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Dr Lesley Murrihy Principal Amesbury School - Keep the light shining! Presented at ELF12
 

Dr Lesley Murrihy Principal Amesbury School - Keep the light shining! Presented at ELF12

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Dr Lesley Murrihy Principal Amesbury School, Wellington explores leadership for 21st century learning including the supports and structures that need to be put in place to enhance capabilities and ...

Dr Lesley Murrihy Principal Amesbury School, Wellington explores leadership for 21st century learning including the supports and structures that need to be put in place to enhance capabilities and capacity at the personal professional and organisation levels and enable the ongoing involvement in cycles of growth, development and innovation.

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    Dr Lesley Murrihy Principal Amesbury School - Keep the light shining! Presented at ELF12 Dr Lesley Murrihy Principal Amesbury School - Keep the light shining! Presented at ELF12 Presentation Transcript

    • COACHING
    • THESISi. Coaching does create the kind of growth and development that paves the way to the development of 21st century pedagogies and 21st century leadership aptitudes.ii. Those same capacities that enable ongoing change over time, also increasingly empower individuals to nurture their own spirits and take responsibility for their own well-being.
    • MULTI-LAYERED PROFESSIONAL DEVELOPMENT INTERVENTION-Coaching and being coached-Learning and practicing the skills of coaching-Understanding the theory-Reflecting on experiences-Facilitated-Implementing coaching via action research in own institutions. Participants became the facilitators and teachers-Assignments – high motivation for involvement-Year long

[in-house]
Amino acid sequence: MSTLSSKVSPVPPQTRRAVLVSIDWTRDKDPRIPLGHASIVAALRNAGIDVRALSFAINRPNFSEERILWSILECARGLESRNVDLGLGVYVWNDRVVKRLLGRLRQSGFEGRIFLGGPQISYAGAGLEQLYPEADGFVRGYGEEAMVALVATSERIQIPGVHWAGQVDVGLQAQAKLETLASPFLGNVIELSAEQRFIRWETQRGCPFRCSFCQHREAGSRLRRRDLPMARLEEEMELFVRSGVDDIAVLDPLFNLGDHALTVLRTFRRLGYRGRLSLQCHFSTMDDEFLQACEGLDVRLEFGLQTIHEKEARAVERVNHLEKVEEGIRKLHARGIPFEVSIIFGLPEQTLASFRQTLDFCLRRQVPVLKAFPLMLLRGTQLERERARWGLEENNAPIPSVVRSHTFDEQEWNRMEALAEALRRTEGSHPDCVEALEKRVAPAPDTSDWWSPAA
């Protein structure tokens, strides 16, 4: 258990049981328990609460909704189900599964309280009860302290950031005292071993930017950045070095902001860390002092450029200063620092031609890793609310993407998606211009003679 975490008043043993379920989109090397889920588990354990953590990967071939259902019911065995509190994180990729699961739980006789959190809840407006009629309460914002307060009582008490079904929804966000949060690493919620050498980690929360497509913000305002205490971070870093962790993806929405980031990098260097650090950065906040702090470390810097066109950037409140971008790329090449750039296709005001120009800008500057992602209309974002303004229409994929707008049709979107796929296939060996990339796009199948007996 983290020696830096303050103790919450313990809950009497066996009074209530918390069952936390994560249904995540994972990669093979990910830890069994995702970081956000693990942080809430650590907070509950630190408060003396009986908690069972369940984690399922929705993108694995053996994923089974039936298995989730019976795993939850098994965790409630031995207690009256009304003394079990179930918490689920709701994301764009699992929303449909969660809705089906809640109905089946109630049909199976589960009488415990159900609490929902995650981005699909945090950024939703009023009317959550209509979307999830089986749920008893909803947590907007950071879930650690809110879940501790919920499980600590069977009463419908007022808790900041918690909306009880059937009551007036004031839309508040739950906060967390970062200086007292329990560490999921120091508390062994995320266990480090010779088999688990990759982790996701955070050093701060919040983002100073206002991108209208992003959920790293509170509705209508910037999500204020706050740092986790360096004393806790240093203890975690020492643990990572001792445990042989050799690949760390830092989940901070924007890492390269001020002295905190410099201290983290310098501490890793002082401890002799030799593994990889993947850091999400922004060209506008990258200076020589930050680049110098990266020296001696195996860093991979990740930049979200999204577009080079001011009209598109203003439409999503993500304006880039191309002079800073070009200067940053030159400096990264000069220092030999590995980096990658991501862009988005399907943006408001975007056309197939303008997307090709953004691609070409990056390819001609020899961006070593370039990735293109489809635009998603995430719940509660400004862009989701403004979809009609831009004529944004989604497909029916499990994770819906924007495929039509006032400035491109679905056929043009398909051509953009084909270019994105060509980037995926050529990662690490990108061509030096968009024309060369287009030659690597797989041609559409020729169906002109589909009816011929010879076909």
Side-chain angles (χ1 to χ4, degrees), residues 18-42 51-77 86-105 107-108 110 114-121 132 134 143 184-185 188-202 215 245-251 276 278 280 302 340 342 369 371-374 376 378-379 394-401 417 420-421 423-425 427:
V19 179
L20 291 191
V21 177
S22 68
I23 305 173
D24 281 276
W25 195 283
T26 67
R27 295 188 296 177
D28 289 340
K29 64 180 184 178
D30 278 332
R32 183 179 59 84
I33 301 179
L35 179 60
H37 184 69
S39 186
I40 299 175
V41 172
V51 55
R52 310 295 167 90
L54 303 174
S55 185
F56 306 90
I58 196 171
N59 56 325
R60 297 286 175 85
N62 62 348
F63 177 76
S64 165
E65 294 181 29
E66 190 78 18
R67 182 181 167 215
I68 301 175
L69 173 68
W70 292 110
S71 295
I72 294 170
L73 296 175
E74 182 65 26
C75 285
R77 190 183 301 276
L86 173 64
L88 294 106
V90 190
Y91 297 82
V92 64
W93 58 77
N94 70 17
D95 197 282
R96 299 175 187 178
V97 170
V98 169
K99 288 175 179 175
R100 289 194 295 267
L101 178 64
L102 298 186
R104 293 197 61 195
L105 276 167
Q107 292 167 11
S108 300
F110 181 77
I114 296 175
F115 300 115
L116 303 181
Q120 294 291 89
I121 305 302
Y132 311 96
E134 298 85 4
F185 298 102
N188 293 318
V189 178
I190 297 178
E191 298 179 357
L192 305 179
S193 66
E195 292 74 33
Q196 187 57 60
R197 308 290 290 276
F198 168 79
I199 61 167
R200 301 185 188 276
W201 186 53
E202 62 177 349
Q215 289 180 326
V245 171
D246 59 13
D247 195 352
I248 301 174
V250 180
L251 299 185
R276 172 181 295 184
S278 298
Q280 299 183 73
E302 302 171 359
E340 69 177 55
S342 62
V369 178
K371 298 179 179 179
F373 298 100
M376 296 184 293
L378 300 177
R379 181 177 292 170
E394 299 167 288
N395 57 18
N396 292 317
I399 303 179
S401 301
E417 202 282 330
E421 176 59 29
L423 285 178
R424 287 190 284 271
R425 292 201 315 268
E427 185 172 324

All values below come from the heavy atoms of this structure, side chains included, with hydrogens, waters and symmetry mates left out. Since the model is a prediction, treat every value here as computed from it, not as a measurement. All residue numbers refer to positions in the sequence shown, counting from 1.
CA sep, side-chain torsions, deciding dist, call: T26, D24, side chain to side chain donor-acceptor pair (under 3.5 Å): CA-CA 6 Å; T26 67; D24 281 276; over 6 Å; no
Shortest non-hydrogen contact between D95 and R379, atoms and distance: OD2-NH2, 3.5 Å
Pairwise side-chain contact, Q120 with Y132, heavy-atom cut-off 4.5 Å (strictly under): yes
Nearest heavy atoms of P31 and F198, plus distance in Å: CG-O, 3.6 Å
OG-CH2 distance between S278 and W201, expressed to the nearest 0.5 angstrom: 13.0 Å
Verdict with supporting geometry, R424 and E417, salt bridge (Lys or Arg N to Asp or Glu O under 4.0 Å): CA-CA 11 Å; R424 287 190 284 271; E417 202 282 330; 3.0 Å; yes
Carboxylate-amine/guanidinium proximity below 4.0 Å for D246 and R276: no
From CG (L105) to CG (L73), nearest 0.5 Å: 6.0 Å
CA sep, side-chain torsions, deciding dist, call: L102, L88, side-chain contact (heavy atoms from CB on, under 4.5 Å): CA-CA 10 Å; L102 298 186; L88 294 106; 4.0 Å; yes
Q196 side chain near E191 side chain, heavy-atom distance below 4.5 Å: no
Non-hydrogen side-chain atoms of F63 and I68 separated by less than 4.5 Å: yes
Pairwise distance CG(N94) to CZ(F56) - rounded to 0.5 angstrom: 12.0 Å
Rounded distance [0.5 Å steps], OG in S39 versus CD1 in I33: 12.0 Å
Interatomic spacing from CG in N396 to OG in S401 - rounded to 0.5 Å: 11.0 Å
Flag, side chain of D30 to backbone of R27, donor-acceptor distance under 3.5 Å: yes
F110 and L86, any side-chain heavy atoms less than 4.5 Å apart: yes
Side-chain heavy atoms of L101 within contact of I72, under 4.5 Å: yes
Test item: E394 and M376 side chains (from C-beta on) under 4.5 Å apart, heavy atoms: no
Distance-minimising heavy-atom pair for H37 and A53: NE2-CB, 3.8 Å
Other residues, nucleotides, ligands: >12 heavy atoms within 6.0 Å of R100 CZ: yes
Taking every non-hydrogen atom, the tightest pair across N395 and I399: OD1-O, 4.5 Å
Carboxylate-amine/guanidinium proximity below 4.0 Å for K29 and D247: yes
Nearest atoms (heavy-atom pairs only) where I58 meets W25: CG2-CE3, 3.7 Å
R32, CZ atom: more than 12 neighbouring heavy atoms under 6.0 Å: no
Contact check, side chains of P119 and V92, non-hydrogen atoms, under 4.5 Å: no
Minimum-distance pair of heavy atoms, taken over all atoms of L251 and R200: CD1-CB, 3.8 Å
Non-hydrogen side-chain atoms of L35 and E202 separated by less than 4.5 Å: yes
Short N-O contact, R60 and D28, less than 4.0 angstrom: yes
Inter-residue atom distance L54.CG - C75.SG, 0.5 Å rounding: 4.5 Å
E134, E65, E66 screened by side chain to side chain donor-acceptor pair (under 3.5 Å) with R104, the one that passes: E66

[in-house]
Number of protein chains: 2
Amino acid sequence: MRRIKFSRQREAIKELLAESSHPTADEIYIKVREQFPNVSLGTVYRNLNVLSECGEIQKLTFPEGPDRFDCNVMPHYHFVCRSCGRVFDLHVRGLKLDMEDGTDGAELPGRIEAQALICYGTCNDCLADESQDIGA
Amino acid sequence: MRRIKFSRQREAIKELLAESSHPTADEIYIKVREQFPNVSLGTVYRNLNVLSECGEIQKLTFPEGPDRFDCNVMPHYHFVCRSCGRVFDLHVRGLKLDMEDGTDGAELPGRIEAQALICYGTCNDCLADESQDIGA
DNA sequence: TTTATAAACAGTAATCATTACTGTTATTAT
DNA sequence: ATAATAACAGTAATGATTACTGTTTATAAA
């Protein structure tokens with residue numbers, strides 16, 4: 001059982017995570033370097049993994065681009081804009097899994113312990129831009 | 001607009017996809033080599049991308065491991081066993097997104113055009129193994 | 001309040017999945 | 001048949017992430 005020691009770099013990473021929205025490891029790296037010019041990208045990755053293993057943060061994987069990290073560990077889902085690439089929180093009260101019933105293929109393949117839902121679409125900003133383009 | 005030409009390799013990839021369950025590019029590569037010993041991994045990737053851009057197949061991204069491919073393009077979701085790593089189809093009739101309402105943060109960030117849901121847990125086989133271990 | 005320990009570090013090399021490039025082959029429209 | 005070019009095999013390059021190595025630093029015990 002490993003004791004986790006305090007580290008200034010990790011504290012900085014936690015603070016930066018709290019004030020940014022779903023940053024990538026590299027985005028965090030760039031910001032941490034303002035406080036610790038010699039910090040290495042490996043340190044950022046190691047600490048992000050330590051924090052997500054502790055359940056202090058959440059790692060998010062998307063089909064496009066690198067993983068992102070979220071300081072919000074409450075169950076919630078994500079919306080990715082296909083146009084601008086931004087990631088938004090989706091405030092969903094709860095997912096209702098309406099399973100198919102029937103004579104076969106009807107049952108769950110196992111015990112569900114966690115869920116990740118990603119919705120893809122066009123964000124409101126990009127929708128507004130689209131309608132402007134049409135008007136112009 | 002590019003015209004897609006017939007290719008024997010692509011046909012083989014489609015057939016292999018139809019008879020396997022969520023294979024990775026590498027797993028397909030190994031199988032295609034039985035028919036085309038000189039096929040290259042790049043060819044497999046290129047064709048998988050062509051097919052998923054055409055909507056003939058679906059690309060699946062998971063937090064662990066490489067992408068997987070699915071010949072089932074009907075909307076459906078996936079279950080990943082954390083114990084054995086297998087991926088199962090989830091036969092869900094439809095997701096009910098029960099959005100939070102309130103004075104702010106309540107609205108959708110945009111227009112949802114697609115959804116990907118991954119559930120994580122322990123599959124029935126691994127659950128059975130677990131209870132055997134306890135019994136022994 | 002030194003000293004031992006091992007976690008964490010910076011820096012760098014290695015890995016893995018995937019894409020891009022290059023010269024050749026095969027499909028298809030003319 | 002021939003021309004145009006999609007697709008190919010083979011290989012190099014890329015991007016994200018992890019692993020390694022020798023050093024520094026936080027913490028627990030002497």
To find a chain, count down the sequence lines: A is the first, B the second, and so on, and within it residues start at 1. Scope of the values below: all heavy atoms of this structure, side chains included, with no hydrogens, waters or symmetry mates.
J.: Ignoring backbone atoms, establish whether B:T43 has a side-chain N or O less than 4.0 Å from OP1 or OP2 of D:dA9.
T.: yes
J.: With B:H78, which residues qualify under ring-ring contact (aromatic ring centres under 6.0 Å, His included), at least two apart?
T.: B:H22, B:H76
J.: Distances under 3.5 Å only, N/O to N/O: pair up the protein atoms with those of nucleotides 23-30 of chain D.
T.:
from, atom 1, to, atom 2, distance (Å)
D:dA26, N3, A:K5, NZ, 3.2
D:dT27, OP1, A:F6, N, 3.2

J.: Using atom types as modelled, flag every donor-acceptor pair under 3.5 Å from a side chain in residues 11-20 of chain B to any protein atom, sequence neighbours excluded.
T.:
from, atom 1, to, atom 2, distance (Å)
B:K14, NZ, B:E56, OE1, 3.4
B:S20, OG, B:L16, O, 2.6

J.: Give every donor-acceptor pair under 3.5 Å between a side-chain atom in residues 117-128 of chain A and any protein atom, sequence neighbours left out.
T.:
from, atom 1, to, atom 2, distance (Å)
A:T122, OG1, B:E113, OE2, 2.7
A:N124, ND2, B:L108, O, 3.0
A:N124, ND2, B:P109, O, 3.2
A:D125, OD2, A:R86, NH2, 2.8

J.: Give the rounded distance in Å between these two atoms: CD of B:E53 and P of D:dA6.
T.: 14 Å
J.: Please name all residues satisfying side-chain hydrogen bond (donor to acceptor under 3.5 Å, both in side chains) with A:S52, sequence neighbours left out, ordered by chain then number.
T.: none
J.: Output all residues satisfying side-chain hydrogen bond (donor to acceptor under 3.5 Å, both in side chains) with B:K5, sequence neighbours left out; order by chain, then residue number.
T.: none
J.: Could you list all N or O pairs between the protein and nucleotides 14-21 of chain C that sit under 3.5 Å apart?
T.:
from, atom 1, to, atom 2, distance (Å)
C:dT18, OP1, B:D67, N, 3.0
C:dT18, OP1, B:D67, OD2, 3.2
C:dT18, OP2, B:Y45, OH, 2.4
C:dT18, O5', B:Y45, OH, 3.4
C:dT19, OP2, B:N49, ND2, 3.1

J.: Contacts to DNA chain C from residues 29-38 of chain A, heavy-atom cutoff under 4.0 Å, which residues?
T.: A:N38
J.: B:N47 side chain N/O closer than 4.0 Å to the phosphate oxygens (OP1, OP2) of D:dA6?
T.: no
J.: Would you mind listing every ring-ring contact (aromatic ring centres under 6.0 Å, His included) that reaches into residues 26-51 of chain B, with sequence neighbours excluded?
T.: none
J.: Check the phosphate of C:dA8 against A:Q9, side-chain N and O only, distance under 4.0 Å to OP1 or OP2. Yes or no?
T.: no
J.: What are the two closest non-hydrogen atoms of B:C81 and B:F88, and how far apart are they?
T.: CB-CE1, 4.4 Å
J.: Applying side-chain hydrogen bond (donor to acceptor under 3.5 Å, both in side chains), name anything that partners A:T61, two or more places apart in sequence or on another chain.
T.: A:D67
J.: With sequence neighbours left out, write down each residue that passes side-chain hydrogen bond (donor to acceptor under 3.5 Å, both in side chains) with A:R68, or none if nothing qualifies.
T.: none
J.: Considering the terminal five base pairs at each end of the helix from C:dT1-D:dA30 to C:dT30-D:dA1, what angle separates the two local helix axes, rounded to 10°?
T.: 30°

• 21ST C EDUCATIONAL LEADERSHIP*Broad range of leadership styles – but mostly a coaching, democratic style*Both/and – not either/or binary thinking*Ability to cultivate distributed/shared leadership*Occasional leadership – in complex times knowledge cannot be held by one person – students, parents, teachers and leaders can all show leadership*”Get out of the way” leadership*Ideas able to travel up the organisation*Freedom and accountability/control
    • GET OUT OF THE WAY OR GET BOWLED OVER – THE MILLENNIALS ARE HERE!*Born early 80s or later*Searching for genuine satisfaction and meaning from their work*Need to feel as though they are personally making a difference*Looking for opportunities to lead – don’t want to wait in line for ten years*Strong passionate beliefs*Optimistic and highly pragmatic*Work with others to solve problems*Bring great energy to the workforce and get things done*Generate change from the bottom up
    • HINTMillennials: will present enormouschallenges for positional leaders who whothink this is a place where you control whathappens and supervise closely
    • “Leadership thus becomes a rather fluid concept, focusing on those behaviours which propel the work of the group forward.”John Mirenberg (1993, p. 198)
    • 21ST C EDUCATIONAL LEADERSHIP CONT’D*Diversity – ability to derive value from human difference is a core leadership skill – cultural diversity and diversity of ideas.*Development of supple, agile cultures in which the “way we do things around here” are emergent and always evolving*Deploying resources for learning (teachers, parents, peers, ICT, time, buildings etc) flexibly*Continually open to learning – continuous learner – embracing permanent beta mode.*Profoundly human-centred
    • COACHING AND MENTORING RESEARCH“Does coaching assist the growth and development of educators?Growth and development = transformational change in multiple dimensions (the “whole” person) -emotional -social -spiritual -cognitive
    • FINDINGSThere was evidence of significant growth and development across all the dimensions. For example:*Put others before themselves*Increased empathy and ability to see things from others persepctives*Changed from making decisions based on personal preference to making decisions based on strong rationales and principles*Increasingly their espoused theories equated with their theories- in-action - authenticity*Greater knowledge of their weaknesses and propensities - as well as their strengths – and they were able to laugh at themselves*Greater emotional self-control and ability to self-manage